To explore the drivers behind the changes in high OOP burden, we estimated the changes over time in OOP spending on different types of health care services (i.e., prescription drugs, including diabetic equipment and supplies; inpatient care; outpatient care; other care), annual insurance premiums paid OOP, and family income. We also calculated the OOP expenses for all health care services from individuals with diabetes. We stratified these analyses by insurance status because OOP burden was largely affected by insurance coverage.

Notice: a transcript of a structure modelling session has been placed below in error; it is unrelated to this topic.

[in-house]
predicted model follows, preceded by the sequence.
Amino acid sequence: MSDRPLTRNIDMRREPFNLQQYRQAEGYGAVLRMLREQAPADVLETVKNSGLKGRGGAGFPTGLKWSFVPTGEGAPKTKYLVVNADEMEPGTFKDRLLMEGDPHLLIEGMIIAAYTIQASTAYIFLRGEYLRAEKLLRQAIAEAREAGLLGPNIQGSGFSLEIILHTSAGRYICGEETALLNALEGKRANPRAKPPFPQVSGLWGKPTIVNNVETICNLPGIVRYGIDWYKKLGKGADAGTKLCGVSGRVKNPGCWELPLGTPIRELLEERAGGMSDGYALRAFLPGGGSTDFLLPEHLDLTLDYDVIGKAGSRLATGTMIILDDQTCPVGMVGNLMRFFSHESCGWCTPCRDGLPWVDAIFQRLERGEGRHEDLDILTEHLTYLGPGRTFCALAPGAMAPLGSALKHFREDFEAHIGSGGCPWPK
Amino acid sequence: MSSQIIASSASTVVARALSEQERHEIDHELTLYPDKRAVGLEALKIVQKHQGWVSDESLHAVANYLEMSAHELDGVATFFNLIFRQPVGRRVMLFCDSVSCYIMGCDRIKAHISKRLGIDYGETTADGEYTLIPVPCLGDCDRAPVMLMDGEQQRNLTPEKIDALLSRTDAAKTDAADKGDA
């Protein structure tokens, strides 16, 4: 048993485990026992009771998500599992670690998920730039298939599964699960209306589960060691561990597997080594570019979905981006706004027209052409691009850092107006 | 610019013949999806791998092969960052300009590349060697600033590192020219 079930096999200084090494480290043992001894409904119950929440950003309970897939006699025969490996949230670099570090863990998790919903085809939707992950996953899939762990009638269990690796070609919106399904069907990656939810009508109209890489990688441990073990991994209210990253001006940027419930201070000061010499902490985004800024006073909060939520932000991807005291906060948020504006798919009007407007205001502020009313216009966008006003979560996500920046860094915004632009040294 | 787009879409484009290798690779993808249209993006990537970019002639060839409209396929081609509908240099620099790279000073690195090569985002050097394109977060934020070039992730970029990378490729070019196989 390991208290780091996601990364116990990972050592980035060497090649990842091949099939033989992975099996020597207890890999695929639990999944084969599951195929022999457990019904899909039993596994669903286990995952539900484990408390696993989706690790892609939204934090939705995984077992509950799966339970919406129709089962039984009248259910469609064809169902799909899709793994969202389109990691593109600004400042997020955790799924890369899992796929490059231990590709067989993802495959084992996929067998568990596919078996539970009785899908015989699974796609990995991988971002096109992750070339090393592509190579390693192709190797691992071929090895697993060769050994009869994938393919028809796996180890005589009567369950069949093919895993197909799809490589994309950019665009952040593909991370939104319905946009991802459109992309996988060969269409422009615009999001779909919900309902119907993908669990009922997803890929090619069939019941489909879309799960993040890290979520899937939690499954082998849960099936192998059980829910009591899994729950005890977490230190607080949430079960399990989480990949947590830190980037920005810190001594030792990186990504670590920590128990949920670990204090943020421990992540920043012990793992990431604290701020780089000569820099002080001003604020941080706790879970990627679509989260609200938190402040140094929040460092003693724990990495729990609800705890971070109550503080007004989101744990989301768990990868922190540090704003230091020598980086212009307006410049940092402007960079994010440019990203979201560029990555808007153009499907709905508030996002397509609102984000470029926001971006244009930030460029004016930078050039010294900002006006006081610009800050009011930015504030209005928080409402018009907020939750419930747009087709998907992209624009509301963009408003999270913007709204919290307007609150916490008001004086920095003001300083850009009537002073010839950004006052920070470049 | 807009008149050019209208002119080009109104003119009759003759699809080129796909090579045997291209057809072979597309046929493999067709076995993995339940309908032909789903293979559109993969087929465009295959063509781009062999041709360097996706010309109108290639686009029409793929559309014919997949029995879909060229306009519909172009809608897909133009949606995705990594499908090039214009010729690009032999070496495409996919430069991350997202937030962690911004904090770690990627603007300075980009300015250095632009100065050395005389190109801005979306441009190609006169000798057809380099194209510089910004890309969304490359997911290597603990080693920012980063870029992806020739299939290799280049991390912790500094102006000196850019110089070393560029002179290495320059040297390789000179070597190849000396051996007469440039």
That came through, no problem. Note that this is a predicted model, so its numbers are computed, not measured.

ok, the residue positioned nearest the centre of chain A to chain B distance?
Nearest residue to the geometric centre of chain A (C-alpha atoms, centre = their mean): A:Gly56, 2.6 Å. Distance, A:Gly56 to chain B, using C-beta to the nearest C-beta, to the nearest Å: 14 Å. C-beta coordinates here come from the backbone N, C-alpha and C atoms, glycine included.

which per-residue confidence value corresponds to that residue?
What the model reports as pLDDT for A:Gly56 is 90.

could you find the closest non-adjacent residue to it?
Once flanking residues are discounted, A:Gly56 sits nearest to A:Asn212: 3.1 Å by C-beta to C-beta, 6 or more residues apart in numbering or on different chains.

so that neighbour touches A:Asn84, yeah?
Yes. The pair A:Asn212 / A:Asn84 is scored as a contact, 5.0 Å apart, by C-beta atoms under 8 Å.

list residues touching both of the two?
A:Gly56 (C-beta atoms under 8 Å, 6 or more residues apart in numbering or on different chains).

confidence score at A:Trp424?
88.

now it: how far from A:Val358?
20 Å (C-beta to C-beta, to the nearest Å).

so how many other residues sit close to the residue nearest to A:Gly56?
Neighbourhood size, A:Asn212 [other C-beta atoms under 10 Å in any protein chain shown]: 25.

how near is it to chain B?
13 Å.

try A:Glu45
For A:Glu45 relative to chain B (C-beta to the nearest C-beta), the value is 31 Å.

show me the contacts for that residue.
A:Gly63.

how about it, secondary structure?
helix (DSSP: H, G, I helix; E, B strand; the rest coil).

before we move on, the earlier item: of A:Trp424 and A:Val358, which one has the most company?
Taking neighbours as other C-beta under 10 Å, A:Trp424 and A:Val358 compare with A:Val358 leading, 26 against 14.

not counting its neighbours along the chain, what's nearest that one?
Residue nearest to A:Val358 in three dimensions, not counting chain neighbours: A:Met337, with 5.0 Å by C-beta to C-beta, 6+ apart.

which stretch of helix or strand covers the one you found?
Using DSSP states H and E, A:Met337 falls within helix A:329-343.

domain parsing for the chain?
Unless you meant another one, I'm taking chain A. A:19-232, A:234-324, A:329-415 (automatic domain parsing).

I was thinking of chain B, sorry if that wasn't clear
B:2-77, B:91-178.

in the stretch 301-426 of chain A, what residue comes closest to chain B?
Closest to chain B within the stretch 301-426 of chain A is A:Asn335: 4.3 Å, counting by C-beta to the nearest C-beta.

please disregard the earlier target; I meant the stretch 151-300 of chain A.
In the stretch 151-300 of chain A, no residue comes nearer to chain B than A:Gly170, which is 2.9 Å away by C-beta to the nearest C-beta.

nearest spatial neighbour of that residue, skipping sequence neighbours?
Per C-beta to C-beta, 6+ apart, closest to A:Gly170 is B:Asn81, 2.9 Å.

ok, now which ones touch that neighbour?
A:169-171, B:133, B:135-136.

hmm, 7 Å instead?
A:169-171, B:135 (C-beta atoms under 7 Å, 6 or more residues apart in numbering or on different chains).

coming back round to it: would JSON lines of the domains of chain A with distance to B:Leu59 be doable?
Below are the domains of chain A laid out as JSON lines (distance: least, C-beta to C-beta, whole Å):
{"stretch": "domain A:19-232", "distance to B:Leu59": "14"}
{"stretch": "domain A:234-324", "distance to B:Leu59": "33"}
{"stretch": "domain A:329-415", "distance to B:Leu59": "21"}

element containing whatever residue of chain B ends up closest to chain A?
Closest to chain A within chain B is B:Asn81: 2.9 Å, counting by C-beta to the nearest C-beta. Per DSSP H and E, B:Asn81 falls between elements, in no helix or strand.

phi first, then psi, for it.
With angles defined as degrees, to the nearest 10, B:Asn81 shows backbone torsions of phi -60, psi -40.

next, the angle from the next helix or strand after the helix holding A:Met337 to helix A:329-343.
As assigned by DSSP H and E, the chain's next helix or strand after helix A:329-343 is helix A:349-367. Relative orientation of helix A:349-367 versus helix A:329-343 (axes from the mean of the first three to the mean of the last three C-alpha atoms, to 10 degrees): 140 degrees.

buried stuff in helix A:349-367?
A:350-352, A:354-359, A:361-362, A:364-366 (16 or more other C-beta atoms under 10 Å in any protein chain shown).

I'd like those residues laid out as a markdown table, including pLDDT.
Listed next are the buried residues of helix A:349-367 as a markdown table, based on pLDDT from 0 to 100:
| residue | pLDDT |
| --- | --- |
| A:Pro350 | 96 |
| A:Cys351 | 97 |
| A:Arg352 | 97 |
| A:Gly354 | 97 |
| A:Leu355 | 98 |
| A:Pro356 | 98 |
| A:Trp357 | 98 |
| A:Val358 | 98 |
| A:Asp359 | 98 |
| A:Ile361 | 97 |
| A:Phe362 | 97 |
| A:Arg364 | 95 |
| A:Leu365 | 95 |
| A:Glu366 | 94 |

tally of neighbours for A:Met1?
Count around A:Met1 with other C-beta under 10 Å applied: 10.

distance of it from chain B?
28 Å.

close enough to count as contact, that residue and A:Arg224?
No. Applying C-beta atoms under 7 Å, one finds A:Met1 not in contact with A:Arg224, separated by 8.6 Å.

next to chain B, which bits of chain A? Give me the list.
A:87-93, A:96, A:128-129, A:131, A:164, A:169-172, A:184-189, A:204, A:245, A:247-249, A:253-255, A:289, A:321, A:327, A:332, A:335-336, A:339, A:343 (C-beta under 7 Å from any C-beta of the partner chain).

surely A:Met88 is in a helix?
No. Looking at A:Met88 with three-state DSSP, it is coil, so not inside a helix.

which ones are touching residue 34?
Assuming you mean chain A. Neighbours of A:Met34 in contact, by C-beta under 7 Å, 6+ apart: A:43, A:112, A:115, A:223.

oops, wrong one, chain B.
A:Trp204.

We conducted three sensitivity analyses to address three independent questions about the impacts of our methods. The first analysis tested the impact of changes in the MEPS data editing method for prescription drug data in 2007. MEPS made major changes to the data editing rule in 2007 and 2009 related to imputing the prescription drug price and expenditure information. These changes may have reduced measured OOP expenditures for prescription drugs compared with the previous editing method on the same data (15,16). We tested the impact of the data editing rule change in 2007 on the current study results by separately applying the 2007 editing rule and the pre-2007 rule to the 2006 MEPS prescription drug file data (internally created for MEPS). We then used the proportional difference in test results to adjust the 2007–2011 measures to be consistent with those from before 2007, assuming the same change effect would apply to data during 2007 and 2011. Unfortunately, we were unable to test the impact of the data editing rule in 2009 because the data were unavailable.